Ibovespa Trims Longest Weekly Rally in Two Years Amid Turmoil

  • Bradesco, Ambev contribute most to the index's decline
  • Brazil's stocks gain for fifth week amid impeachment bets

Will Brazil's Dilma Rousseff Be Impeached?

Brazil’s stocks dropped amid speculation that the longest weekly rally since April 2014 outpaced prospects for the deepest recession in a century amid uncertainties about a change in government in Latin America’s largest economy.

Lenders Banco Bradesco SA and brewer Ambev SA contributed the most to the Ibovespa’s decline. Banco Santander Brasil SA fell the most on the Ibovespa. Steelmaker Usinas Siderurgicas de Minas Gerais SA was unchanged even after negotiating a four-month reprieve on debt payments that gives joint controlling shareholder Nippon Steel & Sumitomo Metal Corp. the upper hand in a battle over how to keep the company solvent.

Brazilian assets slumped, after a rally that sent the Ibovespa’s valuation above its five-year average, on speculation that an eventual change in the administration will be a lengthy process at a time when the economic recession deepens further. Traders have pushed up the value of shares over the past five weeks on bets that President Dilma Rousseff would be ousted amid optimism that a new government could halt a political quagmire that’s prevented Congress from focusing on kick-starting the economy.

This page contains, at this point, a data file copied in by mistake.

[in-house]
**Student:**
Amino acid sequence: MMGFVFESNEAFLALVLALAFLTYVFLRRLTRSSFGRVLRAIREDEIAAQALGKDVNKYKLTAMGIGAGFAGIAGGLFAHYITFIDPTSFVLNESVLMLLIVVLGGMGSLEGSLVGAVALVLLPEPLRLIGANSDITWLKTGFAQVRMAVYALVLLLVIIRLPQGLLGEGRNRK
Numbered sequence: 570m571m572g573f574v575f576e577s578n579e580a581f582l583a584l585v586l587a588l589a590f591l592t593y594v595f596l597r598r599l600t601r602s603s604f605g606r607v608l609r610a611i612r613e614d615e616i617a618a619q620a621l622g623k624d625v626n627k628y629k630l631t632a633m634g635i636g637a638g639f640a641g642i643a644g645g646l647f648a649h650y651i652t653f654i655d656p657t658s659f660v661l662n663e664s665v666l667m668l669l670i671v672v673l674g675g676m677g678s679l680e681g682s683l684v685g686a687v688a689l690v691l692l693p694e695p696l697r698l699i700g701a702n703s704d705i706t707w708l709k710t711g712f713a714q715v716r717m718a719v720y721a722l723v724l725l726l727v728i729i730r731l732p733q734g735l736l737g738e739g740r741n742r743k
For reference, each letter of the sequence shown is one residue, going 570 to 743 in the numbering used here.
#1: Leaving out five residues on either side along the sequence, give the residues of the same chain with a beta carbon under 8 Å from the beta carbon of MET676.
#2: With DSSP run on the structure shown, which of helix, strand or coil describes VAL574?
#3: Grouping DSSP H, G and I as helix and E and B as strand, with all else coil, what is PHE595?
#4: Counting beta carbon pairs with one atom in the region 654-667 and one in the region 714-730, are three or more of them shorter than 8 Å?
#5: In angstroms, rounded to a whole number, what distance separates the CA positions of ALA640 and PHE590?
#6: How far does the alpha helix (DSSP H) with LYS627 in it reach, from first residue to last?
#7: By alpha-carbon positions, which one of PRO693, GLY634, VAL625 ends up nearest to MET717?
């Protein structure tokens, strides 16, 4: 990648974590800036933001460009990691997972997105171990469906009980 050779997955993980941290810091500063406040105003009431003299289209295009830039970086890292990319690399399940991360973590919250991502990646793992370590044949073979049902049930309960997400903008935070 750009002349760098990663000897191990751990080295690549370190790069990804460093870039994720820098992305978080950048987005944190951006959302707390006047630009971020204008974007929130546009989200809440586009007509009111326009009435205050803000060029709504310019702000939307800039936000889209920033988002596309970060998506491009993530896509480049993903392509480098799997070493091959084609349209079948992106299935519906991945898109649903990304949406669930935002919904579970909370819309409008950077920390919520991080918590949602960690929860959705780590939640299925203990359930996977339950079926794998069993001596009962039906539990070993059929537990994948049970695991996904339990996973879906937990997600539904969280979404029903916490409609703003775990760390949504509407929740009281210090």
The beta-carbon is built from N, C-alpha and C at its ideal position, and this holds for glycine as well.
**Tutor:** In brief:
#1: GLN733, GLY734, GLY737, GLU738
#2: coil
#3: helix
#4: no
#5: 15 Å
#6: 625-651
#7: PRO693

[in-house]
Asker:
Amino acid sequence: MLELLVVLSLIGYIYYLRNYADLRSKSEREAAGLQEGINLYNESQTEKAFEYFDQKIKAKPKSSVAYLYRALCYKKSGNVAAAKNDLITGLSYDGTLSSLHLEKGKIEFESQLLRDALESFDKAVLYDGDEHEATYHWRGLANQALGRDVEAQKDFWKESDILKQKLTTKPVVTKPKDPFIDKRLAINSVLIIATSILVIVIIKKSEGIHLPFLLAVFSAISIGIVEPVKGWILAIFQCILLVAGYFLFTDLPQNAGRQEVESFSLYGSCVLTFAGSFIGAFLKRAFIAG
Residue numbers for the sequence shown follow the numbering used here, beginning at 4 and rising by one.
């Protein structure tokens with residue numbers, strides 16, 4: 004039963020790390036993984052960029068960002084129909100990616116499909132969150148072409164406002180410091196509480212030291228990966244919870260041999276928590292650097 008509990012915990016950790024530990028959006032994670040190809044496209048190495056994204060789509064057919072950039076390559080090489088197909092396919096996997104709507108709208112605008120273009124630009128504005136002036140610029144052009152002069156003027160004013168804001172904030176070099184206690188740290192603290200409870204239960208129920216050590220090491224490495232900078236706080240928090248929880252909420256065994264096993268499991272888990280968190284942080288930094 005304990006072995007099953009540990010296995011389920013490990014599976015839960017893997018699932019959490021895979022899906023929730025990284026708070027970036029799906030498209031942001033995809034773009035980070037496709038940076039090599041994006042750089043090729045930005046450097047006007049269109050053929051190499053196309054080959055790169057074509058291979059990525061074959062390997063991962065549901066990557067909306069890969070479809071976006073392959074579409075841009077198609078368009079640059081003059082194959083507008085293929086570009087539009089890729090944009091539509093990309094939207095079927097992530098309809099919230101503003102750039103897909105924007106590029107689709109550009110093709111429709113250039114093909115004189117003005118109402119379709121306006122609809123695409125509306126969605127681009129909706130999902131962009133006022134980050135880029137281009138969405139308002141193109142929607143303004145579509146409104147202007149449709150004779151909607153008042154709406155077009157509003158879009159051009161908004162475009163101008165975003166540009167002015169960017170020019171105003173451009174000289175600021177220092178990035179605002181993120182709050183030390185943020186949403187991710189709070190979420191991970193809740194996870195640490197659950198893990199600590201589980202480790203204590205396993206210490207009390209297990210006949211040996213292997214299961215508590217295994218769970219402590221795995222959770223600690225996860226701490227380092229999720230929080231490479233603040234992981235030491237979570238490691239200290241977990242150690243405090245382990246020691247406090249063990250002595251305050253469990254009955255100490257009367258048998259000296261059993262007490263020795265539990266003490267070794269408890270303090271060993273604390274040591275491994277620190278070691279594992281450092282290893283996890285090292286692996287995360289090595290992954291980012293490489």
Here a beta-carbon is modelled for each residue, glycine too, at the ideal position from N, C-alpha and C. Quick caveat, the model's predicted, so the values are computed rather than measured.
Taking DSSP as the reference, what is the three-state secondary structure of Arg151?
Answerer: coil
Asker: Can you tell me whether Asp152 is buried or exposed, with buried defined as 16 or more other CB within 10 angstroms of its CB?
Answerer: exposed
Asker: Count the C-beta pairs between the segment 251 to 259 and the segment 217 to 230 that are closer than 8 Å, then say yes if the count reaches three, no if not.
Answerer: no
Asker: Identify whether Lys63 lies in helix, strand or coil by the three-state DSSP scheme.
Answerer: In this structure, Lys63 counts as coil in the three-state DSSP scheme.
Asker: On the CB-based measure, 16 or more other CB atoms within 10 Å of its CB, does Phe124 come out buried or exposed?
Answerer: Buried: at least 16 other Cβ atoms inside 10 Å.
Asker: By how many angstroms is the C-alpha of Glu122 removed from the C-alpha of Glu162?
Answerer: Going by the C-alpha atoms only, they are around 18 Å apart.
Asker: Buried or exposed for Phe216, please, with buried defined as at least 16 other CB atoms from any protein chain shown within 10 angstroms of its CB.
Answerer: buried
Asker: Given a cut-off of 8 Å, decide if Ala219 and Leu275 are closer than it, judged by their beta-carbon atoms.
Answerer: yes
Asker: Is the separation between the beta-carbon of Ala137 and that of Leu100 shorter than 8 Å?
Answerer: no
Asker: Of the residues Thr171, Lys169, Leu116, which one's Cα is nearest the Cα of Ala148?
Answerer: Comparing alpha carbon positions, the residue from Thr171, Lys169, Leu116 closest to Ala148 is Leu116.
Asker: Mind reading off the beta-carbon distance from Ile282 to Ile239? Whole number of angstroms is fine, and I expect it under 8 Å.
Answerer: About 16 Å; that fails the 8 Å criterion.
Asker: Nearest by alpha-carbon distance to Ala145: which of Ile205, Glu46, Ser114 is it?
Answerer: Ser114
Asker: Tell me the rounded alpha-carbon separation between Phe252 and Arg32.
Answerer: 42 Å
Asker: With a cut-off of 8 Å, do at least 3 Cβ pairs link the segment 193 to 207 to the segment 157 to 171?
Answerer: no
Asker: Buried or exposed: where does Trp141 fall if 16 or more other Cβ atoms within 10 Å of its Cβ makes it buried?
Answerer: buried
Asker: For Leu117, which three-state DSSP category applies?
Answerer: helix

The stock benchmark dropped 0.2 percent to 50,814.66 at the close of trading in Sao Paulo, reducing this week’s gain to 2.4 percent. The Ibovespa also posted its best eight-week run since 1999, and its 60-day implied volatility has risen by a third since the end of January. That’s a signal that traders are worried the index would fall amid the country’s continuing political turmoil, because volatility usually goes up when prices go down.

“The market has mostly reflected the political scenario,” said William Goncalves, an analyst at brokerage Geral Investmentos in Porto Alegre. “We should expect a lot of volatility until the situation gets solved.”

Before it's here, it's on the Bloomberg Terminal.